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THE ST. LOUIS REPUBLIC. !
Tft Special Mall EJKtoa la
Printed la Tire Part.
The Saadar Maiatlna Is
COPYRIGHT, 1500. BT PUBLISHERS. GEORGE KNAPP & COMPANY.
I Printed la Oae Part
ST. LOUIS, MO., SUNDAY, NOVEMBER 25, 1900.
PKICE FIVE CENTS.
GOVERNOR CHARGES HE
WAS OFFERED BRIBE.
Mississippi's Chief Executive Causes the
Arrest of Contractor J. E. Gibson
Search Has Begun for Sender
of Murderous Package
Riled With Dynamite.
-3 SLco m '
MR. COFER'S STATEMENT.
Declares He Has No Suspicions
as to Whom It Was
Planned to Kill Him.
Charleston. III.. Nov. 21. The Plot to as
basslnate T. X. Cofer, Jr., with an Infernal
machine, the details of which were made
public yesterday, is stilt a mystery and a
sensation. As the public cornea to know
more fully the magnitude of the slot, and
the narrowness of the escape of fifty or
100 lives of business and professional men,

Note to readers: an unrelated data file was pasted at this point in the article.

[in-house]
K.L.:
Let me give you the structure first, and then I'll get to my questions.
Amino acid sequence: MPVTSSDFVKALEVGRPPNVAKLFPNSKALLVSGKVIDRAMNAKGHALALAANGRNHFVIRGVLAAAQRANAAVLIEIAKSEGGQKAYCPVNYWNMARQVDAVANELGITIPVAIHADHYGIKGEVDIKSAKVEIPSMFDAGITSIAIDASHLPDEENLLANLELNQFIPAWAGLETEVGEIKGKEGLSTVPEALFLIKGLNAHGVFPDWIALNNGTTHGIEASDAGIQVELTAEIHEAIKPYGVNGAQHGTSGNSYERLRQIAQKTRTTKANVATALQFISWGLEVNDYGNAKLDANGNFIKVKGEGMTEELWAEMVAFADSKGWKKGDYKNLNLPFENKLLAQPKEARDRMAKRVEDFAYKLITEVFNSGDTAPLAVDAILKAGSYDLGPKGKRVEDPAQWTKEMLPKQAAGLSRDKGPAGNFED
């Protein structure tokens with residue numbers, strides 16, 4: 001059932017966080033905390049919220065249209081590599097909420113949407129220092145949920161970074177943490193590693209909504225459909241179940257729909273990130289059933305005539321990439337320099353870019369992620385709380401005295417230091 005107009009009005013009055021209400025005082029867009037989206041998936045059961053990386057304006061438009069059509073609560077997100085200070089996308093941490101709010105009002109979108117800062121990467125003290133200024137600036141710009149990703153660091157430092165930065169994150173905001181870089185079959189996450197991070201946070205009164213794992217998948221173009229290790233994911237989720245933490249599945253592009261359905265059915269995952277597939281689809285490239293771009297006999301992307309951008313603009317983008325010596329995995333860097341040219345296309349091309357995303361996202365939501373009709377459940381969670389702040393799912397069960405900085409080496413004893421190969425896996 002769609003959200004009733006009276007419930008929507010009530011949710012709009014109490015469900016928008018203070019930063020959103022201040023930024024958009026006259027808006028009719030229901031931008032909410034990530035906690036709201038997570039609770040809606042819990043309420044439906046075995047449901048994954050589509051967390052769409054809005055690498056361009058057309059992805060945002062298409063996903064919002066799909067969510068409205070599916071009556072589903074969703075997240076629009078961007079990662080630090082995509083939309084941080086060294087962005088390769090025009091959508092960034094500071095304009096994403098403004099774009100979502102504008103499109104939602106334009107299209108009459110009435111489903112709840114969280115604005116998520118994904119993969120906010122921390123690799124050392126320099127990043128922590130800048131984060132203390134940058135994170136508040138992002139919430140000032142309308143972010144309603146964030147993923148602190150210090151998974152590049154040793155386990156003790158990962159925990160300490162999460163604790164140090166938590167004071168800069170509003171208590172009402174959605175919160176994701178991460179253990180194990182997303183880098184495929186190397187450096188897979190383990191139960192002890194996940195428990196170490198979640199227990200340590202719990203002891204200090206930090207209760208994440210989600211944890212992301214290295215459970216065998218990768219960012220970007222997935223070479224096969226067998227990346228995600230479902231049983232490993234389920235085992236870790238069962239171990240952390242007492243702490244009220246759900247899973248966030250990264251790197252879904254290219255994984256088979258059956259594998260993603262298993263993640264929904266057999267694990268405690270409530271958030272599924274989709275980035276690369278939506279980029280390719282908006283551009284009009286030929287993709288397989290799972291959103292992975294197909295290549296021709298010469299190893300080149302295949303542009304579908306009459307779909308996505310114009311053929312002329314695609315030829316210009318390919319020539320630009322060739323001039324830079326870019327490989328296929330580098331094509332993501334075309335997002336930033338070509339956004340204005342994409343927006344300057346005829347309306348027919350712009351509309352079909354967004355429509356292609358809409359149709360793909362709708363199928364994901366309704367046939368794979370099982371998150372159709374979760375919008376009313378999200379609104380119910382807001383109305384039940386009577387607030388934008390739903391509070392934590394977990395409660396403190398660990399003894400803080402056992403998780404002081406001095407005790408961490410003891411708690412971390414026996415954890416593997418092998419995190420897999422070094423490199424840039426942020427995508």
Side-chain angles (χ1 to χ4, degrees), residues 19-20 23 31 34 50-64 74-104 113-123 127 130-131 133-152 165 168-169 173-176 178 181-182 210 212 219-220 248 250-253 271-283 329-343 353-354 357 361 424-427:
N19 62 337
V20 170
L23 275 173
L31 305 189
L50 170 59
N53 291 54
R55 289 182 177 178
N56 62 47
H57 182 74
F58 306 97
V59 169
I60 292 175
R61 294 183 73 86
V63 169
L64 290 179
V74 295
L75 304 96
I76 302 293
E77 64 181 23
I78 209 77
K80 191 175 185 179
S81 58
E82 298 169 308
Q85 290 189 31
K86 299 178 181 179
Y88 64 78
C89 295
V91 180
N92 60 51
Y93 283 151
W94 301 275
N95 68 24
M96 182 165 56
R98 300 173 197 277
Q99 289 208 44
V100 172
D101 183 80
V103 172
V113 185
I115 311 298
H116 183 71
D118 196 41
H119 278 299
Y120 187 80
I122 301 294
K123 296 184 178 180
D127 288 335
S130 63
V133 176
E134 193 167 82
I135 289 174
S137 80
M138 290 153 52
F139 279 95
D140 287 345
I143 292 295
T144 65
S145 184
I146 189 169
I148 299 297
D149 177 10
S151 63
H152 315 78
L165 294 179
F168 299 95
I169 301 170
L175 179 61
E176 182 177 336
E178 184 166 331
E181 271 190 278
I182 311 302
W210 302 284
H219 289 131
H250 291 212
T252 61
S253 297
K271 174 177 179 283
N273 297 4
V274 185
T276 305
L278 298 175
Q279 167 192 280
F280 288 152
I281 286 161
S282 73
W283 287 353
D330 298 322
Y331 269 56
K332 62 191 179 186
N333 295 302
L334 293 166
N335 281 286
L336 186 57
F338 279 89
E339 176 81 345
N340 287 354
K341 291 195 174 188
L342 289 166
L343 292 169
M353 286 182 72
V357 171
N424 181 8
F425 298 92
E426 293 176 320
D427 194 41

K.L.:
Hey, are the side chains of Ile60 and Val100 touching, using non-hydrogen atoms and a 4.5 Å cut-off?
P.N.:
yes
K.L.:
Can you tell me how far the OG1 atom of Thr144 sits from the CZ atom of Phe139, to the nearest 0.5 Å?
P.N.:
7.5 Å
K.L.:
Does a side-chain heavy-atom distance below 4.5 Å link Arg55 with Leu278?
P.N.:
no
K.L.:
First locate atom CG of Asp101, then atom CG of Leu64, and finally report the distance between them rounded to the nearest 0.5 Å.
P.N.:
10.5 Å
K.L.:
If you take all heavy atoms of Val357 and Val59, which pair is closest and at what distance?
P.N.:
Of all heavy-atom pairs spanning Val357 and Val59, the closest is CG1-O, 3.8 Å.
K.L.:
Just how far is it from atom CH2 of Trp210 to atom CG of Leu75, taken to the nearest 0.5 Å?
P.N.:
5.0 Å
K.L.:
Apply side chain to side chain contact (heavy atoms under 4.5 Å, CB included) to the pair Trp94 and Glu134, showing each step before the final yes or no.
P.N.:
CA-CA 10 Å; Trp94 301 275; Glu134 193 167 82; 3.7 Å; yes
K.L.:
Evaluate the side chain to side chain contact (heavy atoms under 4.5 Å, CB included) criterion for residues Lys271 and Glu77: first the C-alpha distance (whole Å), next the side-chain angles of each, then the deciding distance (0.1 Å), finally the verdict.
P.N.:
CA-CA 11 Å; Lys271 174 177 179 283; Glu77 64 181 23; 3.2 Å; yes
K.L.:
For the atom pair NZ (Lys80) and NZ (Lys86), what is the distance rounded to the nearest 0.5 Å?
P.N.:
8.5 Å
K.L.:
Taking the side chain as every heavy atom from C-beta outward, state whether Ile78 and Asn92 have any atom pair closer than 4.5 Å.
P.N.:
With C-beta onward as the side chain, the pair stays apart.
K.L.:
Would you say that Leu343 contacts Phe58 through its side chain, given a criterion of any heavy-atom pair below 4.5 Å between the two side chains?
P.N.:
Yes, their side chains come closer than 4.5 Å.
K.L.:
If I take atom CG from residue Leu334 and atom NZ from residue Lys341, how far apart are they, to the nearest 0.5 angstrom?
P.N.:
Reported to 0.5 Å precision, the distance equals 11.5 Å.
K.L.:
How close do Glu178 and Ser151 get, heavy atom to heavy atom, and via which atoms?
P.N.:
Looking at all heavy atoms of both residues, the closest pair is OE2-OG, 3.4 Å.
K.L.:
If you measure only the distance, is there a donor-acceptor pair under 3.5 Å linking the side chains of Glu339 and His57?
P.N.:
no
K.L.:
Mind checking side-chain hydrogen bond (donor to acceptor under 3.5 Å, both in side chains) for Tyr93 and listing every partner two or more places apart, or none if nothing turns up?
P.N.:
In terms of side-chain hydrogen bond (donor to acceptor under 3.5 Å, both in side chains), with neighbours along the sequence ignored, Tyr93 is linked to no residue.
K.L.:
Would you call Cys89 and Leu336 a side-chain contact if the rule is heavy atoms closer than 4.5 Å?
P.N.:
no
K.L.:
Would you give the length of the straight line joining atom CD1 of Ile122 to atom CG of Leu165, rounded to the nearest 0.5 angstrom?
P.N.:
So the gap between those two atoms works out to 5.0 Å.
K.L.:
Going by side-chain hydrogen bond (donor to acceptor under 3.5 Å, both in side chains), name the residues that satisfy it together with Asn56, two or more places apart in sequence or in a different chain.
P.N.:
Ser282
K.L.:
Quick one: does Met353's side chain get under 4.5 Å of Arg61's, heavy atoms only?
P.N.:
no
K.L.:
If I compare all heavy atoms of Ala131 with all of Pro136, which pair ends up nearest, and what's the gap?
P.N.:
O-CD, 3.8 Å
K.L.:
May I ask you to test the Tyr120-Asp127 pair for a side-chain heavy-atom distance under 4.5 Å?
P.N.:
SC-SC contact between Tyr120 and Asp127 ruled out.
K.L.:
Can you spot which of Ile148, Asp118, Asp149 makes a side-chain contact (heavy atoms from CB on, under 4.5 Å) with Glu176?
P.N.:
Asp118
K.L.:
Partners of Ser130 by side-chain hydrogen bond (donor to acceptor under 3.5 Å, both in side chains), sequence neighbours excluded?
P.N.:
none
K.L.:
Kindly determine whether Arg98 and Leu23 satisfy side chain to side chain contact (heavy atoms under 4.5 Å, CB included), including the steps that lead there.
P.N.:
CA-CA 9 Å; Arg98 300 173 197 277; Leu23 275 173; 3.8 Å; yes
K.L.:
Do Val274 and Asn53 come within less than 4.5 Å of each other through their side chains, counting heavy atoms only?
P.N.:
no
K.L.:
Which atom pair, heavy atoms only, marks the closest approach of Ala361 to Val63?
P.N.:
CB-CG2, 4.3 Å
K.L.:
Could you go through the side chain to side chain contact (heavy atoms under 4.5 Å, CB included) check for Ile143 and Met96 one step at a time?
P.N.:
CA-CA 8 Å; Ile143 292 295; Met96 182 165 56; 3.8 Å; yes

who were In close proximity to Mr. Cofer's
law apartments, a feeling of thankfulness
for the miraculous escape Is evident on all
Robert S. Hodgen, a prominent broker,
whose ofllco was only separated from
Cofer's by a brick wall, says he considers
every man's life in the city imperiled when
such miscreants as the sender of that dead
ly package are at liberty.
No effort or expense will be spared to
locate and capture hlra and mete out the
punishment such a 'crime deserves. There is
a. slight clew. The address card on the box
was typewritten. The only handwriting was:
"Handle with" care. Breakable." This was
printed with pen and Ink, in a neat hand,
rather bold. The express company had writ
ten with heavy pencil on three sides,
RECEIPT OF THE
The record of the day's business at Aurora
on. Saturday, No ember 17. when the pack
age was billed out, does not show who the
Mr. Cofer tells the following story of its